Please welcome former WU contributor Jane Friedman back to WU today! Jane has 20 years of experience in the publishing industry, with expertise in business strategy for authors and publishers. She’s the co-founder (with WU’s Porter Anderson) of The Hot Sheet, the essential industry newsletter for authors, and has previously worked for F+W Media (home to Writer’s Digest) and the Virginia Quarterly Review.
Jane’s newest book is The Business of Being a Writer (University of Chicago Press); Publishers Weekly wrote that it is “destined to become a staple reference book for writers and those interested in publishing careers.”
In addition to being a professor with The Great Courses, Jane has delivered keynotes and workshops on the digital era of authorship at worldwide industry events, including the Writer’s Digest annual conference, San Miguel Writers Conference, The Muse & The Marketplace, Frankfurt Book Fair, BookExpo America, LitFlow Berlin, and Digital Book World. Find out more at janefriedman.com.
A Smarter Author Platform for the Digital Era of Publishing
Author platform, in its simplest form, is an author’s ability to sell books. What that platform looks like, or how it works, varies from author to author: Some are big names who can attract attention with any book they release, others have figured out how to harness a local or regional fan base to spread word of mouth, and still others know how to use digital media for visibility.
But by far, digital media—and social media specifically—is the most prevalent and straightforward way that authors are now visible to readers and sell books. In some ways, this has changed publishers’ expectations—and what authors need to do regardless of how they’re published—but in other ways, the game has remained exactly the same. It’s just that now there are more game expansion packs, more players to navigate, and more rules that tend to change in the middle of game play.
Stop Focusing on Social Media Numbers and Look at Your Lead Gen Strategy Instead
When social media was still relatively new, there was a lot of focus and attention on the numbers. How many followers do you have? How many likes? How many shares?
While numbers are still a surface-level indicator of your platform strength, it’s too easy to boost social media activity in an artificial way, leading to numbers that are fairly meaningless. (Even with my own 224,000 followers on Twitter, which is 100% organically grown, a good portion consists of fake accounts that contribute nothing to my platform.) This is why there’s been more attention and focus lately on email newsletters—which indicate more highly engaged readers or followers, not casual or fake ones—and authors collaborating to cater to rather specific audiences or markets, such as Tall Poppy Writers.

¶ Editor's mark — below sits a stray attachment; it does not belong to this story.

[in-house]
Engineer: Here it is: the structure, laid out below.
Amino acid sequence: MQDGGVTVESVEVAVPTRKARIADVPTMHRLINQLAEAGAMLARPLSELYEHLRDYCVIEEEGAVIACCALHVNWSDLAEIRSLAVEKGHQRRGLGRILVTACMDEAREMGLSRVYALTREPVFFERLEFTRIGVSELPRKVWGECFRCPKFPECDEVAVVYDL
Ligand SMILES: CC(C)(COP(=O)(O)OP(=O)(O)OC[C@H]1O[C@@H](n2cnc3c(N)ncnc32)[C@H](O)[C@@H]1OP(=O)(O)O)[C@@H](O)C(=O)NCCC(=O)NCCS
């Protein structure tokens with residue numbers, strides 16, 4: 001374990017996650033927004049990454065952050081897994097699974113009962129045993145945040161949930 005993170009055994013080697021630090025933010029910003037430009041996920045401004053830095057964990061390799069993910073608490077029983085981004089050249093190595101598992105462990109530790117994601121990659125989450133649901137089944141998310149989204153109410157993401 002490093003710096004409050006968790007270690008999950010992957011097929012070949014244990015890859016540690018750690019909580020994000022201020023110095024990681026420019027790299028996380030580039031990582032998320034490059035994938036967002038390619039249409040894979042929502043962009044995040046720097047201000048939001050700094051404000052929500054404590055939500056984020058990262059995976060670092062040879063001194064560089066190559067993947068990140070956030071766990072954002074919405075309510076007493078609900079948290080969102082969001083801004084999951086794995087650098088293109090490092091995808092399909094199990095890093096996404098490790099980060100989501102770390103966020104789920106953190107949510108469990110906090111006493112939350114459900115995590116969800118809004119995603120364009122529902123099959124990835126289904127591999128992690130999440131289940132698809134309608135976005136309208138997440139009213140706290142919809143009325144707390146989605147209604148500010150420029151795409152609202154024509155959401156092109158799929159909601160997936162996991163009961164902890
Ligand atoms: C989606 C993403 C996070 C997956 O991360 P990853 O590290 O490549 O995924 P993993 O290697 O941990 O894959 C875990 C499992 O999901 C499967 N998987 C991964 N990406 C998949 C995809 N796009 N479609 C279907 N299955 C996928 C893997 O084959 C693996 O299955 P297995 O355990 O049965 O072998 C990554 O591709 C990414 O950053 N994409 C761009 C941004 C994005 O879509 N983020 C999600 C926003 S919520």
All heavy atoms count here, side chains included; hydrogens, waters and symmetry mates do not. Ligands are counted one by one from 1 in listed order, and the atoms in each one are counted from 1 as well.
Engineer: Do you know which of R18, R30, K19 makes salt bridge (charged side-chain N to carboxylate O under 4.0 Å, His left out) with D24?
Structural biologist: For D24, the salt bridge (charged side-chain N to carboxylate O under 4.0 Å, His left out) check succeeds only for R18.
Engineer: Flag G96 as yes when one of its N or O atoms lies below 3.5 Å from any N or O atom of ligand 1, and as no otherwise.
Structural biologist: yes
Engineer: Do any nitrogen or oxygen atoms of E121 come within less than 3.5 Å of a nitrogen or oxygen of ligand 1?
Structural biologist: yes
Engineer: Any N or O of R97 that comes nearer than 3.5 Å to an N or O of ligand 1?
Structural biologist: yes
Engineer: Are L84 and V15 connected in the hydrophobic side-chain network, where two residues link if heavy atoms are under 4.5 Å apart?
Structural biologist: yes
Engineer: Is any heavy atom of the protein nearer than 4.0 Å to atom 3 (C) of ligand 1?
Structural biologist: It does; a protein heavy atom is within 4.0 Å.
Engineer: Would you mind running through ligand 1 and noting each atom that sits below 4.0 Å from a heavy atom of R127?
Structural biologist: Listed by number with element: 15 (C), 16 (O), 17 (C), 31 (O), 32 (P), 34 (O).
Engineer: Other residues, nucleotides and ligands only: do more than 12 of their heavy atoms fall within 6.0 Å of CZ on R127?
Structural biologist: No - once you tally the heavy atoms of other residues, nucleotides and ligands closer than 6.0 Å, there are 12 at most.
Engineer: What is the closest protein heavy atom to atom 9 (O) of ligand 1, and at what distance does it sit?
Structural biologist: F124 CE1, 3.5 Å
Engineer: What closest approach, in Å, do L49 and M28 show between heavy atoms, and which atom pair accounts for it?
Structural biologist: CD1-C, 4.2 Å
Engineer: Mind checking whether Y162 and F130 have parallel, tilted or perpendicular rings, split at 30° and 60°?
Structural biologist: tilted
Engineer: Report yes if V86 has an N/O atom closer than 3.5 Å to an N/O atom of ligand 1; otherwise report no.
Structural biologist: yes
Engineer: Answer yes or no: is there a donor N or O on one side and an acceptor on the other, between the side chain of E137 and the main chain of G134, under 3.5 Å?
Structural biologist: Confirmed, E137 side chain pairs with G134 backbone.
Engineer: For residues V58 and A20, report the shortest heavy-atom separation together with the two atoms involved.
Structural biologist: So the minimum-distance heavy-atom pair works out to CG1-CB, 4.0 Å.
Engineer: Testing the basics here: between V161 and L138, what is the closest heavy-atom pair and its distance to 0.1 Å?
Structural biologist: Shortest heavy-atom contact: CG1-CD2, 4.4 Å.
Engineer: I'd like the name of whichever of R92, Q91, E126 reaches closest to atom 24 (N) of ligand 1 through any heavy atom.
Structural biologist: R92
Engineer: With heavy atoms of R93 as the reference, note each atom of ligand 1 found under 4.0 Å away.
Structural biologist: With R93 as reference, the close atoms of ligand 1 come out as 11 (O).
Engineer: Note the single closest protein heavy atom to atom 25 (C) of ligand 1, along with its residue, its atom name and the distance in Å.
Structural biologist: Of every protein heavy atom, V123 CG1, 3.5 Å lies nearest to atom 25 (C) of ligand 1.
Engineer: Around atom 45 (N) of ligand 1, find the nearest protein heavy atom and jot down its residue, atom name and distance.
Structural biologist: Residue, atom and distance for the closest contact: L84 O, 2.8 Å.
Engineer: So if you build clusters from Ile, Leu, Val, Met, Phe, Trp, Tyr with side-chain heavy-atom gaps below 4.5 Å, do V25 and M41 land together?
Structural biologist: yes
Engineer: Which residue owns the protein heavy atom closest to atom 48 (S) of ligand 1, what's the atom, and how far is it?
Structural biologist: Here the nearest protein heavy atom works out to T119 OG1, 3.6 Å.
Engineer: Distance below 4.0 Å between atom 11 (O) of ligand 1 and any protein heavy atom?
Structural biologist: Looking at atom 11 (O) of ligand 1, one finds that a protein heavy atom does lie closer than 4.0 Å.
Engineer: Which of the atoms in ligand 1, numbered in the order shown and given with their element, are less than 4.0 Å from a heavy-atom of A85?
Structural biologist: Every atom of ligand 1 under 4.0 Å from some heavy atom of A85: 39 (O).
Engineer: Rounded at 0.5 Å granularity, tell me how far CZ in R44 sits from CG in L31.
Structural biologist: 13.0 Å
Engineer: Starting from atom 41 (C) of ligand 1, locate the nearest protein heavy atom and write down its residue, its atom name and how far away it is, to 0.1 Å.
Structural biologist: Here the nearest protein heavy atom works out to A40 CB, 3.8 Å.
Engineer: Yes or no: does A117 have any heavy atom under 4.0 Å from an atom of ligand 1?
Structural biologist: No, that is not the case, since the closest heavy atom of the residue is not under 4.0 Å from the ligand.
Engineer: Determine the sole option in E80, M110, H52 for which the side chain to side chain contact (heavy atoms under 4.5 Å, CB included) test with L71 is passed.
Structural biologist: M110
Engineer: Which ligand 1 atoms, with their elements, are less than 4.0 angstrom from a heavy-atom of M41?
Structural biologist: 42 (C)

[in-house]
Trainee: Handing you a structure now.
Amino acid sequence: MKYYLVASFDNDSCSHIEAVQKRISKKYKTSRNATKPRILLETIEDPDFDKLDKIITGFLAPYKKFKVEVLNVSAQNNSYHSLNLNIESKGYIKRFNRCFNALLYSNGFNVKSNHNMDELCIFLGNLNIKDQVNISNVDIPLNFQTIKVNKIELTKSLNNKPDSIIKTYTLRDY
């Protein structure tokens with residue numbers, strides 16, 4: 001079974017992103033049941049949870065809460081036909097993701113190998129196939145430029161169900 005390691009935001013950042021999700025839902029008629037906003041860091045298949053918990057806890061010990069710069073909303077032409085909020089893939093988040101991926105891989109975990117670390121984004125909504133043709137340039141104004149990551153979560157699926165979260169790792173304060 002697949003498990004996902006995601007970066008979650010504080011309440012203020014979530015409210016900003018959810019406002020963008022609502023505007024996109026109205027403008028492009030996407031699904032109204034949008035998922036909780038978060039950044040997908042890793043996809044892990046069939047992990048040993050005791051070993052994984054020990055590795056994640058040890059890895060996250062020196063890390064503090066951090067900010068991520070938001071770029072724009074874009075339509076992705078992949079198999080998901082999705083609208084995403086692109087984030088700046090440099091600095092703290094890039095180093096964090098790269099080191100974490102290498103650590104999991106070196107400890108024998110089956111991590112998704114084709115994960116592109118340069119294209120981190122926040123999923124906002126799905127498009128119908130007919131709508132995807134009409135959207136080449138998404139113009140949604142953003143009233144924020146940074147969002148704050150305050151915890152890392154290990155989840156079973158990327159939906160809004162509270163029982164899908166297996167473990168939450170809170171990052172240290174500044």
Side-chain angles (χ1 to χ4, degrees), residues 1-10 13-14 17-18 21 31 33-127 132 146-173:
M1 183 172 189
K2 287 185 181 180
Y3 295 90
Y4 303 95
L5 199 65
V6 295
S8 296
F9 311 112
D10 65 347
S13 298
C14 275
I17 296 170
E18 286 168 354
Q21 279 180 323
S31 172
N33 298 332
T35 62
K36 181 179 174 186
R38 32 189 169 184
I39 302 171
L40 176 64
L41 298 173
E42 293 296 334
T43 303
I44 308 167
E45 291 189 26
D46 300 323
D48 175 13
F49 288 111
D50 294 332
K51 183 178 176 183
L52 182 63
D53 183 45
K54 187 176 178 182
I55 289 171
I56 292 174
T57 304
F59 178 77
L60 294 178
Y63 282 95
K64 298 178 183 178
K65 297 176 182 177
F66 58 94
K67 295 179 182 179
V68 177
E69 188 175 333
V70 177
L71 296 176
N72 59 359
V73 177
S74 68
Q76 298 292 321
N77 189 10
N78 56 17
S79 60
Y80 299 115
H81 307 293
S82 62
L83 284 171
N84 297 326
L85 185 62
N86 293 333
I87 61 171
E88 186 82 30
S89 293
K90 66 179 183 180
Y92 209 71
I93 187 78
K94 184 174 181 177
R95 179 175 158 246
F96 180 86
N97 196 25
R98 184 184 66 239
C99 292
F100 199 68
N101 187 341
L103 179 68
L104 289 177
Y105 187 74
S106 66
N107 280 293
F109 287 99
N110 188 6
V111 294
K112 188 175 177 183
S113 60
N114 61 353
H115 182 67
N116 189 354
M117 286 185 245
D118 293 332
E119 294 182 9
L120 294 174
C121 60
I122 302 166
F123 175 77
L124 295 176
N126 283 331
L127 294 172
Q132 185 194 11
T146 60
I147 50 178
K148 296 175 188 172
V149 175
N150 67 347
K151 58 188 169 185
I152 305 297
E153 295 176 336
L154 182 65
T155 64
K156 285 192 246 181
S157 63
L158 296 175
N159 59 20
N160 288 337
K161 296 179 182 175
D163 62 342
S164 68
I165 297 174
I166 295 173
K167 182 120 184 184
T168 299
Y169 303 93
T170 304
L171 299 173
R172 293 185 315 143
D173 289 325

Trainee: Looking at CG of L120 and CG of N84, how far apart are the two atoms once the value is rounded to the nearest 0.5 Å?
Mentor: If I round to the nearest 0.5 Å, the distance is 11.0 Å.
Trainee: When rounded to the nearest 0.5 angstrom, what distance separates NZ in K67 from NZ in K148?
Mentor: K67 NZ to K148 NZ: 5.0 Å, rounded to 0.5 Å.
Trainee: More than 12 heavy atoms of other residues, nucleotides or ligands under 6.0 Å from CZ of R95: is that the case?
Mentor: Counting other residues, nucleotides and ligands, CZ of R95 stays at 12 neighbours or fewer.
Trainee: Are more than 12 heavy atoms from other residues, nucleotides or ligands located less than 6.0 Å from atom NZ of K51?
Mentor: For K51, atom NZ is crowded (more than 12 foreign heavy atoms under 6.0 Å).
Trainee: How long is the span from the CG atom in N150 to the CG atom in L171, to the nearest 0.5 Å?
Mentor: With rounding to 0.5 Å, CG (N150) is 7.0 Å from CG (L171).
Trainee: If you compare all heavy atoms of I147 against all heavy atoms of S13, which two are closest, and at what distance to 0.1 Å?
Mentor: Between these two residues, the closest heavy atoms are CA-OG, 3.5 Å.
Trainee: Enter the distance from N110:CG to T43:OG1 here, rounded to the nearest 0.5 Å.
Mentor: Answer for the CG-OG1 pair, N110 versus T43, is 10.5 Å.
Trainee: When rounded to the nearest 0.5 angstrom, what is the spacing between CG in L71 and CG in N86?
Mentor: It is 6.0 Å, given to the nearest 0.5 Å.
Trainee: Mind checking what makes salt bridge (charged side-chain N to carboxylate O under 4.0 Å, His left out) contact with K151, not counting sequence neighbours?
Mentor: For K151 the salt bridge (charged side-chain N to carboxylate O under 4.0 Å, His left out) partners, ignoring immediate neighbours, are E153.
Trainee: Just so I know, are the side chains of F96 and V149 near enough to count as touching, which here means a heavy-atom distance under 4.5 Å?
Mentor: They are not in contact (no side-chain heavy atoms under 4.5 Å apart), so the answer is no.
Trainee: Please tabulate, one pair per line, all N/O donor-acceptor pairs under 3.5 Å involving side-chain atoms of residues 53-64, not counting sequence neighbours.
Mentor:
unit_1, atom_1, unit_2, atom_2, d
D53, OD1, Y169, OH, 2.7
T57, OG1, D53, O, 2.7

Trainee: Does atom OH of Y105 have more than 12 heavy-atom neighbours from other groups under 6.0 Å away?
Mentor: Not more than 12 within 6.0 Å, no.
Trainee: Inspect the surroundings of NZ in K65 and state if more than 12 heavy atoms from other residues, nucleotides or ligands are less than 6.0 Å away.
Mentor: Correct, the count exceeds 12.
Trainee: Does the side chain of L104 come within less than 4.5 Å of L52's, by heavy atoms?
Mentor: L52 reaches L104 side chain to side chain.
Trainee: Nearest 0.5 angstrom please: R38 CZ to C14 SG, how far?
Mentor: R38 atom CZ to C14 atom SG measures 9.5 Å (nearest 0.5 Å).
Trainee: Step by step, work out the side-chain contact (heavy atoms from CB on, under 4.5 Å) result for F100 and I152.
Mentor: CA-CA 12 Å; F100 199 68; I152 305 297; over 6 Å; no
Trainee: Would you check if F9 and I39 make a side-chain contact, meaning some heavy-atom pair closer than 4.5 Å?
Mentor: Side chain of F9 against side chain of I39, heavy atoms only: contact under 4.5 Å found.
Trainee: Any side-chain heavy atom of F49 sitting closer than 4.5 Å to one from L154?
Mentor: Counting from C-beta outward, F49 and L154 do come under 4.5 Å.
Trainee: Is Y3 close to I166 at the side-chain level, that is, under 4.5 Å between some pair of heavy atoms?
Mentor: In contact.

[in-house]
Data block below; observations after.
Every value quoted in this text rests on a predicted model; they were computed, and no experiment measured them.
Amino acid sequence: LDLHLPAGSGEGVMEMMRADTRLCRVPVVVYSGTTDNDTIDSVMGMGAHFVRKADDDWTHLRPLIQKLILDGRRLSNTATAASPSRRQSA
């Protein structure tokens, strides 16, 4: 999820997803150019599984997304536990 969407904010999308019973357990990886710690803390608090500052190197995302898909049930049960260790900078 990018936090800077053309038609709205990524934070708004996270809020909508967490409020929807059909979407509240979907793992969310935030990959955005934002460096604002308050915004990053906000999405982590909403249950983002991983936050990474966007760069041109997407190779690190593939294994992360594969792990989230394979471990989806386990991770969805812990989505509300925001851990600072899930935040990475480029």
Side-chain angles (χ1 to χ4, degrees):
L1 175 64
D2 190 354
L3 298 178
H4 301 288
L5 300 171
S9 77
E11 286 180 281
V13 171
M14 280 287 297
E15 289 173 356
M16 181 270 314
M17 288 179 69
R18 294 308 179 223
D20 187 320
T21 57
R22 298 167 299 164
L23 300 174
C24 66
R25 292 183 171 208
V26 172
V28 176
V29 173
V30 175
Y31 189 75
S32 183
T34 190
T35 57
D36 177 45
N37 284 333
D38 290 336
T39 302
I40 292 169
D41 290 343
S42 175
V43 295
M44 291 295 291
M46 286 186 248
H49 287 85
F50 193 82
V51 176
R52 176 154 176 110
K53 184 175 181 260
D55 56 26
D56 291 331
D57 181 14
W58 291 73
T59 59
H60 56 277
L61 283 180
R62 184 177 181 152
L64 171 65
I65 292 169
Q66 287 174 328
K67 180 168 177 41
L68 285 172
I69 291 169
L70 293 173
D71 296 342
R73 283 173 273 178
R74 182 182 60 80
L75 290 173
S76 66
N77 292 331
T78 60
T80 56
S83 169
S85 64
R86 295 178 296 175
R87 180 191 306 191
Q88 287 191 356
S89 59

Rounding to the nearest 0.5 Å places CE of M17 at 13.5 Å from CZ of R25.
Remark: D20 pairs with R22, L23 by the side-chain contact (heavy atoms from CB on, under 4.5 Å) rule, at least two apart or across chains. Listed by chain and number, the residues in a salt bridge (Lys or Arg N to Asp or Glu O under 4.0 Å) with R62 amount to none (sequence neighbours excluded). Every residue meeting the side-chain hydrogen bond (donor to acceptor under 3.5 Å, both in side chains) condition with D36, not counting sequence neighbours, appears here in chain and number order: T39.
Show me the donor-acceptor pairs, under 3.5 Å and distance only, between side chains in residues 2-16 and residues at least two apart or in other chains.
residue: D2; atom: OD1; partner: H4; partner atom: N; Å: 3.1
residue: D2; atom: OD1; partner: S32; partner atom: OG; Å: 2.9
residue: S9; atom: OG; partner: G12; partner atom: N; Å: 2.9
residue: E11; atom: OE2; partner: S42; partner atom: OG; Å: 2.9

A strategic author should evaluate their platform strength on three levels:
- ability to reach new readers,
- ability to engage existing readers, and
- ability to mobilize super fans.
Social media can be disappointing when it comes to uncovering new readers if you aren’t spending ad dollars, but it does a great job at engaging people who are already aware of you and your work. Discounts and freebies—regardless of where they’re offered—tend to be better tools for finding new fans. I often hear from authors who feel they aren’t reaching new readers, and it can often be blamed on a lack of good lead generation. A lead generation tool is a way to entice new people to your door, and usually represents the easiest or most frictionless way for a potential reader to try out your stuff. This is why BookBub deals are so sought after: They represent marvelous lead generation.
If you struggle to reach new readers, think about what you have in your arsenal, or what you could create, that could be a valuable lead gen tool. Novelist Scott Sigler has long used free, serialized audio versions of his work to lure people in. Bestseller Rupi Kaur uses Instagram. Some authors have been successful on Wattpad. Virtually anything can be a great lead gen tool if you find that sweet spot between audience, content, and quality.
How Social Media Is Most Useful (Even If Not Trustworthy)
Social media is constantly in flux. The platforms evolve and may restrict who you reach or how you engage, plus who uses them changes over time. However, social media does make it easier to reach the required threshold of three, four, five or more impressions that you need to make on a reader—so they first have awareness that your book (or lead gen content) exists, then are compelled to take action when they feel like they’re seeing it everywhere. (Remember the old advertising cliche says that your brand needs to appear in front of your customer seven times to be remembered? Same principle.)
Authors who have multiple ways to make an impression are by default in a stronger position—they’re both more protected from social media platform changes, and have the ability to get more touch points out there. This doesn’t mean you have to be active on every social media channel; however, you do want to build as many impressions in as many places as possible, to break through the noise. You’re more competitive when you can be creative, experimental, and diverse in the types of moves available to you.
Better Market Insights for Long-Term Growth
What’s often overlooked—in our race to improve our numbers—is that digital media should make you smarter in identifying how to best grow your platform. Once you’re active on Twitter or Facebook, or have Google Analytics installed on your website, you have actionable information about who you’re reaching, where you’re reaching them, and how to reach more and reach better. This allows for more strategic efforts in the future—you can build and place better ads, run more effective giveaways, and identify the most important influencers for your readership based on past performance.
Some of the easiest ways to start: [Read more…]